Sessions vows tougher approach on drug cartels
Last week, Sessions called on federal prosecutors to be more aggressive about filing felony charges against people who cross the border illegally
By Sadie Gurman
WASHINGTON — The Trump administration vowed Tuesday to crack down on MS-13, a notoriously brutal Central American street gang blamed for a recent series of killings in suburban New York, and accused Obama-era border policies of allowing its ranks to flourish.
The gang is known for hacking and stabbing victims with machetes, drug dealing, prostitution and other rackets. Their recruits are middle- and high-school students predominantly in immigrant communities and those who try to leave risk violent retribution, according to officials.
"These organizations enrich themselves by pedaling poison in our communities, trafficking children for sexual exploitation and inflicting horrific violence in the communities where they operate," Attorney General Jeff Sessions said in remarks before meeting with top federal law enforcement officials on ways to dismantle ultraviolent transnational gangs.
His warnings were echoed in a separate address by Homeland Security Secretary John Kelly and came just hours after President Donald Trump tweeted that "The weak illegal immigration policies of the Obama Admin. allowed bad MS 13 gangs to form in cities across U.S. We are removing them fast!"
MS-13 — or the Mara Salvatrucha — traces its origins to Los Angeles, where thousands fleeing El Salvador's bloody civil war in the 1980s arrived, to protect the immigrants from Mexican and African-American gangs. As Central American communities have grown, so has the gang, which is now estimated at 30,000 members operating in semi-autonomous cliques mostly in Central and North America. More than 10,000 MS-13 are in the U.S., according to federal law enforcement officials. However, the FBI doesn't break down its national crime statistics by gang affiliation, and the bureau doesn't collect MS-13-specific data, a spokeswoman said.
The Justice Department suspects major gang leaders are using cellphones from Salvadoran prisons to instruct members who have crossed into the U.S. illegally to kill rivals and extort legal and illegal businesses owned by immigrants. Authorities suspect members of the gang are behind last week's slayings in central Long Island of four young people, which are among 11 killings that have rattled the working-class immigrants of Central Islip, New York, since September.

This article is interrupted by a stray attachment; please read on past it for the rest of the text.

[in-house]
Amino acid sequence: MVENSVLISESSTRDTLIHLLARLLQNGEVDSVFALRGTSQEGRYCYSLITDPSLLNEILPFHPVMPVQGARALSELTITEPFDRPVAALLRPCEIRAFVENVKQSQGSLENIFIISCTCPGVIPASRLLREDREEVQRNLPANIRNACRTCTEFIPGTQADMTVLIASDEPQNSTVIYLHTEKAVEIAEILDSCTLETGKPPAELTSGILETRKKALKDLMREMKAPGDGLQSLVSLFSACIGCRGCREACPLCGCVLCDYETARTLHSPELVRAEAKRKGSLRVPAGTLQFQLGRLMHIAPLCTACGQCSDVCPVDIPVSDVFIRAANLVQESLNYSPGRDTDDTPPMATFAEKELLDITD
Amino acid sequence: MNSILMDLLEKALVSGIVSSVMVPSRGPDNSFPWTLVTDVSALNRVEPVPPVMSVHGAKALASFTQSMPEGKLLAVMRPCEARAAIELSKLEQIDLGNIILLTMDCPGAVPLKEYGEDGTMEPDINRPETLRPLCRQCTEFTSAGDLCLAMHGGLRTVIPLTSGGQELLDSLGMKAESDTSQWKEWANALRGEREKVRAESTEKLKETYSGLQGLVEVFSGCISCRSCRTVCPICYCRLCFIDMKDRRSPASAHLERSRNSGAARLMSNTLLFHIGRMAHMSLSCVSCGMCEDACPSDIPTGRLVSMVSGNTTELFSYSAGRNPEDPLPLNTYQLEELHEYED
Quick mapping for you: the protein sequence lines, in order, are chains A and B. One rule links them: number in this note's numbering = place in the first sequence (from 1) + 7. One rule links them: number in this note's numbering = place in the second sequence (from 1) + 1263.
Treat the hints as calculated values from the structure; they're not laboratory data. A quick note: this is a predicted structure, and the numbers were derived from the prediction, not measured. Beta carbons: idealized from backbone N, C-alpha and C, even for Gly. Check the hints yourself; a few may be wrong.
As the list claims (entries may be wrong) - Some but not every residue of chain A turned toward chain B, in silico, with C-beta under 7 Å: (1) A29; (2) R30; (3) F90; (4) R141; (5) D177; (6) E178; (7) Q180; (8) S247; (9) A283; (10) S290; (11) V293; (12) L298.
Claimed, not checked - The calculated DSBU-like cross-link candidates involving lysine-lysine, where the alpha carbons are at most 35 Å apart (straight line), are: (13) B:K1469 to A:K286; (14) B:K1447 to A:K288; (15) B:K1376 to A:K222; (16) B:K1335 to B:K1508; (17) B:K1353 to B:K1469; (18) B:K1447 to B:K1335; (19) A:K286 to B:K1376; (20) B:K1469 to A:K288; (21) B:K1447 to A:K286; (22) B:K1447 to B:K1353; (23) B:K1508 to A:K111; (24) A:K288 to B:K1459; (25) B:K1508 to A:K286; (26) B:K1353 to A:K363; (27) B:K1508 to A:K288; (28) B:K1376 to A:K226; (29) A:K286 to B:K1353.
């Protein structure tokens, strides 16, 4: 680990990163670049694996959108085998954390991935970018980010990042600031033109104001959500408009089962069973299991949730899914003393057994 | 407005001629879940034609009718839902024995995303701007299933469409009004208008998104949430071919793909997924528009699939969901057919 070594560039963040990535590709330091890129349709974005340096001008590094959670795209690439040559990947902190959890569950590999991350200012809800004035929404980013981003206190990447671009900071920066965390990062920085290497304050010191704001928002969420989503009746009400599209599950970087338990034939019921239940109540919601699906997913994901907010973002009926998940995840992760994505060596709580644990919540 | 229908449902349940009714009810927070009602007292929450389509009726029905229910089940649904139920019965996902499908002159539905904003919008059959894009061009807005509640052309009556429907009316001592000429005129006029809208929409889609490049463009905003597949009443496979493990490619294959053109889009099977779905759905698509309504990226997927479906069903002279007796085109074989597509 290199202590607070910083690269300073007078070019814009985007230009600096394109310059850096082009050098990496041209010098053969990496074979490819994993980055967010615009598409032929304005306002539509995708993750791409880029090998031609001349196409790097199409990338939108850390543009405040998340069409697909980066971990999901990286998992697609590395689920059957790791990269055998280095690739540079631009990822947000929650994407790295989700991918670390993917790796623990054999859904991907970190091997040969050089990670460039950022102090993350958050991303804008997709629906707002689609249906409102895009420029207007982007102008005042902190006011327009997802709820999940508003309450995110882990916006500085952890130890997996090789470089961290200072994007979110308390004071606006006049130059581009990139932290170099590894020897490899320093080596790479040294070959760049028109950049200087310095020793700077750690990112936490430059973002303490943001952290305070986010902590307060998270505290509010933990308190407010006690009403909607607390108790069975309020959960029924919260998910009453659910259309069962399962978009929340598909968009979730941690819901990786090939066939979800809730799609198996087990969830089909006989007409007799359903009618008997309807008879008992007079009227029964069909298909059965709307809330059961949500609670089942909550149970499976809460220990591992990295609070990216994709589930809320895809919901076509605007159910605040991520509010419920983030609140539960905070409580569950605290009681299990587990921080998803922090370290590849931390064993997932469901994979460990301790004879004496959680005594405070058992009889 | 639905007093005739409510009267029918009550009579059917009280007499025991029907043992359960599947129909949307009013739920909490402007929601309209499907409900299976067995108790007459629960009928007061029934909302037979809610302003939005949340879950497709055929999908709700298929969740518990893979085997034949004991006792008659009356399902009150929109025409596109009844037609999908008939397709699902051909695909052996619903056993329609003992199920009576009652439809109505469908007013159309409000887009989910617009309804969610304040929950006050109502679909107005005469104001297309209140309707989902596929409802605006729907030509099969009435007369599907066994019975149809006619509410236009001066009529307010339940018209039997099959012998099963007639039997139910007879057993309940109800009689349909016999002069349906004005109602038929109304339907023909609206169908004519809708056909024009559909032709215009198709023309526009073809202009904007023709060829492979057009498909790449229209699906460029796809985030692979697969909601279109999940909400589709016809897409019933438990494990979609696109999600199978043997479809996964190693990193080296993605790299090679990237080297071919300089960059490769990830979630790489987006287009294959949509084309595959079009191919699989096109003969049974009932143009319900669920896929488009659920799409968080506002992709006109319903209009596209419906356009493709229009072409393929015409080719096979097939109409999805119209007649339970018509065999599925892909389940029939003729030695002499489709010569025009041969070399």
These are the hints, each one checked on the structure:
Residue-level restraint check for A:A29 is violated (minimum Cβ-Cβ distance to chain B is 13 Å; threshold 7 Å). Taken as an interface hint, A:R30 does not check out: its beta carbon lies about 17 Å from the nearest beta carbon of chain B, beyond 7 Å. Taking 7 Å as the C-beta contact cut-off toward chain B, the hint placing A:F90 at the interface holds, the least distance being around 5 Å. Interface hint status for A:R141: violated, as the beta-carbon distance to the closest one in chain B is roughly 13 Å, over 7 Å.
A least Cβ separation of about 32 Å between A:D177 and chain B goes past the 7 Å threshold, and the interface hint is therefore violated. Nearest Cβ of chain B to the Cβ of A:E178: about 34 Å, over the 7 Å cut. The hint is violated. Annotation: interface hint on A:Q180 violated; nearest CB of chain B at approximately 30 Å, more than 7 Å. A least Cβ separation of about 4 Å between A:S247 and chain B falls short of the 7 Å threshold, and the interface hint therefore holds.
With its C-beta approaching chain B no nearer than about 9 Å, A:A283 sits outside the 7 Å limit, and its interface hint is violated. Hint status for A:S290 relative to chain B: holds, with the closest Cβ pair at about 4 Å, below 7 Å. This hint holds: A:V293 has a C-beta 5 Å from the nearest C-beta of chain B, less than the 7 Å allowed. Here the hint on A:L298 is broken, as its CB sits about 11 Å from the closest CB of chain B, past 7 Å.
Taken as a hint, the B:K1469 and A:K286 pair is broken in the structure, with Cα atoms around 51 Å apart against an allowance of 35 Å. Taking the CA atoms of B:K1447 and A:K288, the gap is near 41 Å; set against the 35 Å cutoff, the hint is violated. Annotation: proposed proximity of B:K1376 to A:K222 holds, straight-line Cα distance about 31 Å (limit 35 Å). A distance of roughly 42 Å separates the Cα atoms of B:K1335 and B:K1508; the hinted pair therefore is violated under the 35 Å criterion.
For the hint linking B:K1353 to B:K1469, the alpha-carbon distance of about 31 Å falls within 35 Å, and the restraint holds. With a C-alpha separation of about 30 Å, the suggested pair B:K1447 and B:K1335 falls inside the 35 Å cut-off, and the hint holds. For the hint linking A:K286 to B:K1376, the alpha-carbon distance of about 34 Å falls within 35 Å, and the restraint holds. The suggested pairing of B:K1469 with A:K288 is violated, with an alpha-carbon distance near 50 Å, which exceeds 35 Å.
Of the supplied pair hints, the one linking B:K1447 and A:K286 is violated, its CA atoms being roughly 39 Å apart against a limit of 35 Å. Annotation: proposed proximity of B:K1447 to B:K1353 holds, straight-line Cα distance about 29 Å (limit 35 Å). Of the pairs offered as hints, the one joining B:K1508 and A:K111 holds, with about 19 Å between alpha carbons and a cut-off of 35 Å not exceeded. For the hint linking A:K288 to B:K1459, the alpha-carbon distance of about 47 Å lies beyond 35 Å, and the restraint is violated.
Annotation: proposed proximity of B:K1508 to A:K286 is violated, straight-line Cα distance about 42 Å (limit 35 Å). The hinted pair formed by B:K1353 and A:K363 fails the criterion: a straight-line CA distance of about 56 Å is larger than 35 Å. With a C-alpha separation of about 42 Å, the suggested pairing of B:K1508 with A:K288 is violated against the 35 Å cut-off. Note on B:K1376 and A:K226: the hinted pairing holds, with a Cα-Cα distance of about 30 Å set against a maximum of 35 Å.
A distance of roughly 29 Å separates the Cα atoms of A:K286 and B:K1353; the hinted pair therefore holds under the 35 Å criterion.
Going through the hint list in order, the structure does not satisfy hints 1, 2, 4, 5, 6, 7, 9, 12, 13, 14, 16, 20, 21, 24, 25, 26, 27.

Sessions has called for more aggressive prosecution of crimes such as illegal border crossing and smuggling others into the U.S. as a way to deter violence.
"We cannot allow this to continue. We will secure our border, expand immigration enforcement, and choke-off supply lines. If you are a gang member: We will find you," said Sessions, who also alleged that so-called sanctuary cities, which limit local cooperation with immigration authorities, undermine law enforcement efforts to stop such gangs.
The president later tweeted that "Sessions is doing a fantastic job: announced today new steps to dismantle violent gangs like MS-13. I promised to get tough and we are!"
Kelly, during a separate speech at George Washington University, said transnational criminal groups, such as the drug cartels and MS-13, are engaged in kidnapping, torture and human trafficking and pose one of the greatest threats to the U.S. "They are utterly without laws, conscience or respect for human life," he said.
During the Obama administration, the government focused on immigrants in the country illegally who posed a threat to national security or public safety and recent border crossers. More than 2.5 million people were deported under Obama's policies, many of them characterized as suspected or confirmed gang members.
The Obama administration made unprecedented efforts to fight MS-13, targeting the gang's finances by declaring it an international criminal group subject to sanctions by the Treasury Department. The goal of that 2012 maneuver was to stymie the gang's ability to funnel money back to leaders in El Salvador or launder criminal proceeds through otherwise legitimate businesses.
Federal prosecutors have targeted MS-13 before, pursuing racketeering cases throughout the 2000s in places such as San Francisco, Maryland, northern Virginia; Charlotte, North Carolina; and elsewhere. The Justice Department said it made progress in 2009 and 2010. The FBI last week added an MS-13 member to its Ten Most Wanted Fugitives list for his suspected role in the 2011 killing of a man with a baseball bat and a screwdriver.
But James Trusty, who headed the department's organized crime and gang section before he left in January, said the group appeared to be experiencing a recent revival in some of those same places.
Stricter vetting at the border is necessary to stop MS-13 members from coming into the U.S., Trusty said, noting some are coached to tell immigration officials they're escaping violence in their home country in order to stay.
"My own view is there has to be some correlation between lax immigration policies and replenishment of the gangs in places where they already existed," he said.